However, the industry has recovered from the dip in listenership and advertising in terms of numbers. In 2020, the ad volumes for radio dropped by 27%, when compared to 2019, according to TAM Media research. However, listenership saw a boost in 2021. Radio listenership peaked in May 2021, at 51 million. Overall, radio ad volumes increased seven times during May 2022, as compared to May 2021.

Reliance Broadcast Network’s Thomas shares that the Radio Operators Association of Radio Operators for India (AROI) did research the listening patterns to audio content in the country. 

“It reconfirmed our belief that audio listening is going up. As video consumption is exploding in India, audio consumption is also going up. The availability of the service on mobile phones, which is the preferred device for listening, will further boost viewership,” he adds.

Will new govt advisory rekindle radio’s ad business?

Thomas observes that advertisers are increasingly focusing on reaching out to non-metro areas. To ensure the reach in regional areas, radio has become a prime medium for advertising, he believes.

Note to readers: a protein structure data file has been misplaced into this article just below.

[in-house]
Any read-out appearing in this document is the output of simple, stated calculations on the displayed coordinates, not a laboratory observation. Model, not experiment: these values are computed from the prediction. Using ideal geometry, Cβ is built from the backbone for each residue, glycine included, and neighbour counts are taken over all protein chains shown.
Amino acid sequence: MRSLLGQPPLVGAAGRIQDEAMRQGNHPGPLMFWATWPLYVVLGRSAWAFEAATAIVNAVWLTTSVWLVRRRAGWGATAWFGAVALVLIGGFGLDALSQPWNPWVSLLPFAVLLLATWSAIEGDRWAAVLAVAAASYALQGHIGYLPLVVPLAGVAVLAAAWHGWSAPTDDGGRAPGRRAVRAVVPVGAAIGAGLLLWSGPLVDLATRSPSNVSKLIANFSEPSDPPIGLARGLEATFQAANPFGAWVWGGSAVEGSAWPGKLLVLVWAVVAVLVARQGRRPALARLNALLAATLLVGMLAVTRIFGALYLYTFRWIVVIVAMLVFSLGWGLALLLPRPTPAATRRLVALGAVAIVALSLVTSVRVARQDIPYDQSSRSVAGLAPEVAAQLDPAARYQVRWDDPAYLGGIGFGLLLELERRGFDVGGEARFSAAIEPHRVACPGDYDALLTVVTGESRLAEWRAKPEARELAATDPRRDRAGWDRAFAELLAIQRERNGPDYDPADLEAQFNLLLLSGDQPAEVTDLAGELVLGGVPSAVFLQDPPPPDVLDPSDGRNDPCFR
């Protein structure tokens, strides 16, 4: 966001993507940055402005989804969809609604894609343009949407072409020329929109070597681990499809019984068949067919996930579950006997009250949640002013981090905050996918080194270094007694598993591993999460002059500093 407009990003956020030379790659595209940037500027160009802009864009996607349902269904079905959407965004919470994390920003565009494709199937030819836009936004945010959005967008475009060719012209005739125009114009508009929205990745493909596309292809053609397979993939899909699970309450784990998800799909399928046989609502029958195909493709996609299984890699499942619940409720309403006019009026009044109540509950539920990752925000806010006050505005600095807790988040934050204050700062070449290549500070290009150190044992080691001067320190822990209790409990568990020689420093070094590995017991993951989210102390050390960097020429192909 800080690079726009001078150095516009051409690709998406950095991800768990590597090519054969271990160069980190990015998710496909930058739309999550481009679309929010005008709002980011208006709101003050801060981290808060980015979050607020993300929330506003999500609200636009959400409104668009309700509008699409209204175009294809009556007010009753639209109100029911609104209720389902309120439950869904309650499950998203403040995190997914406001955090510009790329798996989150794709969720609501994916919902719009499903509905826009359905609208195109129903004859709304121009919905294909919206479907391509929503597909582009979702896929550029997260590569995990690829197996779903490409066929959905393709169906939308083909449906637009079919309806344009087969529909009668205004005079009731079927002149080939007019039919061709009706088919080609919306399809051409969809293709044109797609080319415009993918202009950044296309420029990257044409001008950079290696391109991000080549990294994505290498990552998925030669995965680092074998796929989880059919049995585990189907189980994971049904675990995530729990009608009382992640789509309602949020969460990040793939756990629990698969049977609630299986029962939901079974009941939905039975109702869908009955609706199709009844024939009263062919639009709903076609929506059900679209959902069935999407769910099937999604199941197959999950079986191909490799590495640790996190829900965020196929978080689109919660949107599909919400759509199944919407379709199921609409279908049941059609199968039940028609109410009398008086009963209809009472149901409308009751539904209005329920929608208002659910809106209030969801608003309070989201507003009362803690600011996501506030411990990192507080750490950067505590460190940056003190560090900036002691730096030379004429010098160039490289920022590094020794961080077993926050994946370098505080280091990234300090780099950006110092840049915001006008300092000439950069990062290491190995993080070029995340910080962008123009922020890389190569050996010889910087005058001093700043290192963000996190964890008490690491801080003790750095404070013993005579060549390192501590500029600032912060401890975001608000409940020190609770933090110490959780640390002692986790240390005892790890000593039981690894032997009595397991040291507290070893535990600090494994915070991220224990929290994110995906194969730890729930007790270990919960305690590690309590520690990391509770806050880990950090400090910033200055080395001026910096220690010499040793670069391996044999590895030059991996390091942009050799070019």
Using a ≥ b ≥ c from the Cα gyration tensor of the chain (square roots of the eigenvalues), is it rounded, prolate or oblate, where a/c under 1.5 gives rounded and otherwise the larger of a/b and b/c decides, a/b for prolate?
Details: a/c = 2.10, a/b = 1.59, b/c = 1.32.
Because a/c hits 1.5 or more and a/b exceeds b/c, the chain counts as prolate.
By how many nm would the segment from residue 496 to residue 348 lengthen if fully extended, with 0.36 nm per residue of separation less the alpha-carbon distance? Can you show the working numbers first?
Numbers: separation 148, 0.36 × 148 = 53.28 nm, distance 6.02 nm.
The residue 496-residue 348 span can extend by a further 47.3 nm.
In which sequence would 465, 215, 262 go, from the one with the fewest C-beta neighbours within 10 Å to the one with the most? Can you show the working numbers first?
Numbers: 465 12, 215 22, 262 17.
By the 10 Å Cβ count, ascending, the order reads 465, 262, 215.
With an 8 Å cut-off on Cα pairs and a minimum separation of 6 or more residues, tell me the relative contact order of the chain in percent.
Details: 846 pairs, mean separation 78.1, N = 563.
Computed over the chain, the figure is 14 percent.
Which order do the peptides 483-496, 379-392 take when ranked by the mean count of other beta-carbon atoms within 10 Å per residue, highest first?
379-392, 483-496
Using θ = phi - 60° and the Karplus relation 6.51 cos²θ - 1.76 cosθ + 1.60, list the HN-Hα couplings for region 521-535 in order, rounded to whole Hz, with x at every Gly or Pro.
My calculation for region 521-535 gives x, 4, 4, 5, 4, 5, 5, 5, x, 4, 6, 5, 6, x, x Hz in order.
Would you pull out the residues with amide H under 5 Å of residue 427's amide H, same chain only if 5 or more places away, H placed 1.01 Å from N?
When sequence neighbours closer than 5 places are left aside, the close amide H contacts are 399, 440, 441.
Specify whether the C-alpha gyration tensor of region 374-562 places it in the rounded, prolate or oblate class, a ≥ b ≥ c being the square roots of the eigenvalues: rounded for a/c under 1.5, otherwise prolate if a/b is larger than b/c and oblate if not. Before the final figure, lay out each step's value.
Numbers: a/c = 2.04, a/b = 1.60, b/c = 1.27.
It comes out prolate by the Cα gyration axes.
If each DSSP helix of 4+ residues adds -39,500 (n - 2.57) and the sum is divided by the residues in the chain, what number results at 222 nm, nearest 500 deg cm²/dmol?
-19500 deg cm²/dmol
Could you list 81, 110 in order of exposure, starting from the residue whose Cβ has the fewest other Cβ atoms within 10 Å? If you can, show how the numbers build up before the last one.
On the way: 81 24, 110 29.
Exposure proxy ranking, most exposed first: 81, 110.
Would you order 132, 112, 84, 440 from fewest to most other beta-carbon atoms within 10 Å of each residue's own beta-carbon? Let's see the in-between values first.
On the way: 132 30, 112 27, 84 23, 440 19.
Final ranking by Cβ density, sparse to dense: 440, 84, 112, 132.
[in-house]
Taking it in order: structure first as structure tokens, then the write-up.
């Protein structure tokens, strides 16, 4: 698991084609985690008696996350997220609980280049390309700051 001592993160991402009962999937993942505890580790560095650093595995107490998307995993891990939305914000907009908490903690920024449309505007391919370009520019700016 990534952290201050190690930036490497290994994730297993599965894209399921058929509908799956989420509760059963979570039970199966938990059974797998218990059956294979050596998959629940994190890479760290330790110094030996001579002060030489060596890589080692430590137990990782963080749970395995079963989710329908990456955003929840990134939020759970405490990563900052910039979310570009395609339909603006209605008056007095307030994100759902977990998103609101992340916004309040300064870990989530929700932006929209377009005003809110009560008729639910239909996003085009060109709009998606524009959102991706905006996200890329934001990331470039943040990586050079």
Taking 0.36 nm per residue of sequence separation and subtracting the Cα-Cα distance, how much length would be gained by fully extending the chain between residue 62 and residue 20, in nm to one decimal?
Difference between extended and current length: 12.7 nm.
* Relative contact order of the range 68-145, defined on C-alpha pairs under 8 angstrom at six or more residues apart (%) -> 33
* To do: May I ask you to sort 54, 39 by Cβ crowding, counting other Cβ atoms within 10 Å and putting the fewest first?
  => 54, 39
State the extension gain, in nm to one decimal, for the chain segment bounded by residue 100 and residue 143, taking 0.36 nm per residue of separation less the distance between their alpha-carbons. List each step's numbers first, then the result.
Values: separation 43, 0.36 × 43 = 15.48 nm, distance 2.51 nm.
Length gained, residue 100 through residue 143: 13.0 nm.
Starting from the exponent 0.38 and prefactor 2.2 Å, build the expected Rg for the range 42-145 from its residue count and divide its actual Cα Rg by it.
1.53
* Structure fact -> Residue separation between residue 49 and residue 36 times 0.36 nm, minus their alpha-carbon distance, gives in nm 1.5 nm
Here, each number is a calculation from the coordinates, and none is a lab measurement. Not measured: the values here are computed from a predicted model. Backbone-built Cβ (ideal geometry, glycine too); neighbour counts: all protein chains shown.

“Our biggest markets are Indore, Nagpur, Surat, etc. These markets are growing faster than the metro cities for us . Brands are flocking to radio to reach out to regional (local) markets. This advisory will further increase the advertiser interest in radio,” he adds.

Kukian of Radio City mentions that with the availability of FM broadcast on smartphones, the medium’s reach will definitely increase. This will, thus, add more credibility to the medium in the eyes of advertisers. A radio channel's content is based on a city audience and, hence, the medium consistently reaches out to them effectively.